I learned to always break the yolk while cooking in a diner many many years ago. No one wants yellow goo dripping down onto his necktie from his sandwich. (Then, most of the customers wore ties.)

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I've had trouble with eggs as a separate item to eat since an unfortunate childhood incident.

But then I made my own scrambled eggs and loved them. And my own Egg Foo Yong and really loved it. And I can eat my DH's easy over fried eggs...most of the time.

Perhaps it's time to try a fried egg sandwich.

I'll still never even try a soft or hard boiled egg.


Darienne

learn, learn, learn...

Cheers & Chocolates

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I made breakfast paninis this morning: Sourdough bread, bacon, eggs scrambled in the bacon grease (my house guest doesn't like fried) with a dash of half-and-half, and grated butterkase cheese. Quite respectable!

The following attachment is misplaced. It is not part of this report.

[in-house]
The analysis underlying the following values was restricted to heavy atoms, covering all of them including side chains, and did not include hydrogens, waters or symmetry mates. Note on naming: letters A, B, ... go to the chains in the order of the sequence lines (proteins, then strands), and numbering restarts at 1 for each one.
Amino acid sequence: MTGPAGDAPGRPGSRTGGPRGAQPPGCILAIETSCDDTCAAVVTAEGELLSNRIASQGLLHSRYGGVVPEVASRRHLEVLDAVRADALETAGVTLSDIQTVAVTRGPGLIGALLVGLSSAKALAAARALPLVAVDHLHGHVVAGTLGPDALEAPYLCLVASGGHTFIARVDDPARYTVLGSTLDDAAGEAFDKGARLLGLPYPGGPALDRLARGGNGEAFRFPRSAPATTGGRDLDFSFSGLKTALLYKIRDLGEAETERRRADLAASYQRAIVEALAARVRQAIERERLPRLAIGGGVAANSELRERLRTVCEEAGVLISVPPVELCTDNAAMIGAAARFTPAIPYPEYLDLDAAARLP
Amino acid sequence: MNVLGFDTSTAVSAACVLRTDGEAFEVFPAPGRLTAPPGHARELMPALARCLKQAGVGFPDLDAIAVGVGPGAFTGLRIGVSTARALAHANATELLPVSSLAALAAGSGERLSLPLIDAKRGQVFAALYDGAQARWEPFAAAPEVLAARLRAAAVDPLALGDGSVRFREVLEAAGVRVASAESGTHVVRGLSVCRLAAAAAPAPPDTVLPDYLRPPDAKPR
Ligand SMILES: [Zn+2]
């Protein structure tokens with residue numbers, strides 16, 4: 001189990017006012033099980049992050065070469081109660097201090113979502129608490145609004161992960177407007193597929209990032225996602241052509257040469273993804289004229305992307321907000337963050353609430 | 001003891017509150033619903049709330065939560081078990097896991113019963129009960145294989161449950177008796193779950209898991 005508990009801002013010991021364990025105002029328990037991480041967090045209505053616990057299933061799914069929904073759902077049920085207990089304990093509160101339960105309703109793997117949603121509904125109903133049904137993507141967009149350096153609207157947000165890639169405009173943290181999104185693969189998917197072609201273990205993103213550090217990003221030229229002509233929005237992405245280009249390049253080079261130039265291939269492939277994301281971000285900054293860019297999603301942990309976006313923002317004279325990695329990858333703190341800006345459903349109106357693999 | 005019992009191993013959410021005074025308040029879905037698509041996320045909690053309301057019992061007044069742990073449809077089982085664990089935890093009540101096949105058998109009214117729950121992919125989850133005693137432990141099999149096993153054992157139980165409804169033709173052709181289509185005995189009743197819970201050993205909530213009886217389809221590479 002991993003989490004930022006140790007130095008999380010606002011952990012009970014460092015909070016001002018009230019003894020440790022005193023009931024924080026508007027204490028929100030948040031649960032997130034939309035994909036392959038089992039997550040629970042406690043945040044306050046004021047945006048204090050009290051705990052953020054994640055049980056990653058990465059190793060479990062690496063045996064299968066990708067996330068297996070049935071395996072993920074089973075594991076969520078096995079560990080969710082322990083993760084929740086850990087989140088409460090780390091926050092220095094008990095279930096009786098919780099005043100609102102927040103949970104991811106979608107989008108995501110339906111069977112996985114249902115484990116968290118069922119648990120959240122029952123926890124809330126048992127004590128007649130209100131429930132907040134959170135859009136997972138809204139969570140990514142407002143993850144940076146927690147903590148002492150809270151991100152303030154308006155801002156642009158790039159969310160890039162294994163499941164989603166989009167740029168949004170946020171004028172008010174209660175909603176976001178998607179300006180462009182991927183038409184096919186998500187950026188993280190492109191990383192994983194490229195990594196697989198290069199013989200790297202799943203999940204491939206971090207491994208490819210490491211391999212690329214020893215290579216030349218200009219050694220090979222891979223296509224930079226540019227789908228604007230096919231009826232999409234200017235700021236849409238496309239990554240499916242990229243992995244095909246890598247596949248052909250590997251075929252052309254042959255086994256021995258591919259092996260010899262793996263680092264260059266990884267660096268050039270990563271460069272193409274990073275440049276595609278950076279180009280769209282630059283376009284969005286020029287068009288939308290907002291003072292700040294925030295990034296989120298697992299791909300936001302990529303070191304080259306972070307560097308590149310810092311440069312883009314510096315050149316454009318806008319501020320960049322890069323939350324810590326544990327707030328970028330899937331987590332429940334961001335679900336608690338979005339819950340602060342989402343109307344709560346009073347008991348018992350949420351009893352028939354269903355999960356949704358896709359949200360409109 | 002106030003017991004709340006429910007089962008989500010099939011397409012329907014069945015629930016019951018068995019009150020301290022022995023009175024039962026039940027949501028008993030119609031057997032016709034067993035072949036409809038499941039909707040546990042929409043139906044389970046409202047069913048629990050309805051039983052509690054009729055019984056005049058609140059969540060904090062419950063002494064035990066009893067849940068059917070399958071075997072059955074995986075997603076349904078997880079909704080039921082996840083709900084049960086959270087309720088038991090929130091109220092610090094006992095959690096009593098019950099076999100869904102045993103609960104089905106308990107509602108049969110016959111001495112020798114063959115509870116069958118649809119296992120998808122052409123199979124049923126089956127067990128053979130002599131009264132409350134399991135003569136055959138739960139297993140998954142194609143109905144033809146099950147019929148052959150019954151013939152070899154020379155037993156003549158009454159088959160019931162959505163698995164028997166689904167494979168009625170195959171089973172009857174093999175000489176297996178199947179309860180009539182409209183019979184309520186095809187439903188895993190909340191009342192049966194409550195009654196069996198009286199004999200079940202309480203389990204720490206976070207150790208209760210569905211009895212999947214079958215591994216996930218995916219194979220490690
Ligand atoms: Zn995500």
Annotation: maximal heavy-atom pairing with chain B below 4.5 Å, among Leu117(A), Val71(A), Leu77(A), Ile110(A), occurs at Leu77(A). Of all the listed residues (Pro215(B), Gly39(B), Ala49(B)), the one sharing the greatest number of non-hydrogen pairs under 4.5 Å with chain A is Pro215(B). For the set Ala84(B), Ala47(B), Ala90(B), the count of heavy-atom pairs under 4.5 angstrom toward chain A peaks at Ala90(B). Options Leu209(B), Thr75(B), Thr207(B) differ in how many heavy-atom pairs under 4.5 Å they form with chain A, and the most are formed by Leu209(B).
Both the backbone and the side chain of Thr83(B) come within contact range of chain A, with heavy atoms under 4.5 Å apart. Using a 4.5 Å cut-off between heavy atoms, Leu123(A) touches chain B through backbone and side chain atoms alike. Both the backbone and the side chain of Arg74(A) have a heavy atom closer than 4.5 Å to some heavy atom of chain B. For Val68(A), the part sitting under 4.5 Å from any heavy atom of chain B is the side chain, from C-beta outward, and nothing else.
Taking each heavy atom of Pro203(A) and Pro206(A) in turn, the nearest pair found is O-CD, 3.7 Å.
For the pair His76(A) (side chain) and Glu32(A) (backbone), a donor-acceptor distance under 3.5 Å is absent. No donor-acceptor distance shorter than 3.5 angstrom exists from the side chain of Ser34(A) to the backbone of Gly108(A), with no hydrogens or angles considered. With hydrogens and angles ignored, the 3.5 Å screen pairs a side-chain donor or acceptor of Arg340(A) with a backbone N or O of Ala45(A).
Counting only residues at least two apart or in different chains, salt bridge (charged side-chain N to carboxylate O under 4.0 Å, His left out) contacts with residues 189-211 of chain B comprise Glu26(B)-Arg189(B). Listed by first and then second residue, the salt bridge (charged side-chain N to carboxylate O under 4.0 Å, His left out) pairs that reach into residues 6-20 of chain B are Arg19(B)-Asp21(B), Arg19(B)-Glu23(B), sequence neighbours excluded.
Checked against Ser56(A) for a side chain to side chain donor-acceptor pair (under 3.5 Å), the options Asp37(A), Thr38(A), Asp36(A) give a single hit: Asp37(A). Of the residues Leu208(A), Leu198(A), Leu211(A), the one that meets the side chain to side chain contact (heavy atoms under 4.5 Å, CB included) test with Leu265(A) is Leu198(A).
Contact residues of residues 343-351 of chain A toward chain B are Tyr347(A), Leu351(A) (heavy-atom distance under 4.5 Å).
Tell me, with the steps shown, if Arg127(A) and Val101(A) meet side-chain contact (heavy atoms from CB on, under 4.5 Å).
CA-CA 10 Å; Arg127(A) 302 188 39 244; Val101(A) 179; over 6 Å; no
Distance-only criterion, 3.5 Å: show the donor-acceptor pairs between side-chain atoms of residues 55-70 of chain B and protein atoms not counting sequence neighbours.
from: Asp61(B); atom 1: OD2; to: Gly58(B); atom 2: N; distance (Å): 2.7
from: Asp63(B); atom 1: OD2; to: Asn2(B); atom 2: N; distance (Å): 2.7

Don't ask. Eat it.

www.kayatthekeyboard.wordpress.com

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In the last few months, as our family goes through about a gazillion major changes, I've been finding myself sitting at a local diner (OV's on Allens, for the locals -- "Can't spell 'love' without 'OV'!") and ordering a bacon, egg, and cheese sandwich on a well-toasted English muffin. Got my preschool daughter hooked, too.

Last week, as yolk dripped down her chin, her teacher said, "Hey, Bebe. Your initials are the same as 'bacon,' 'egg,' and 'cheese'!" It's an omen, I tell you.


Chris Amirault

camirault@eGstaff.org

eG Ethics Signatory

Sir Luscious got gator belts and patty melts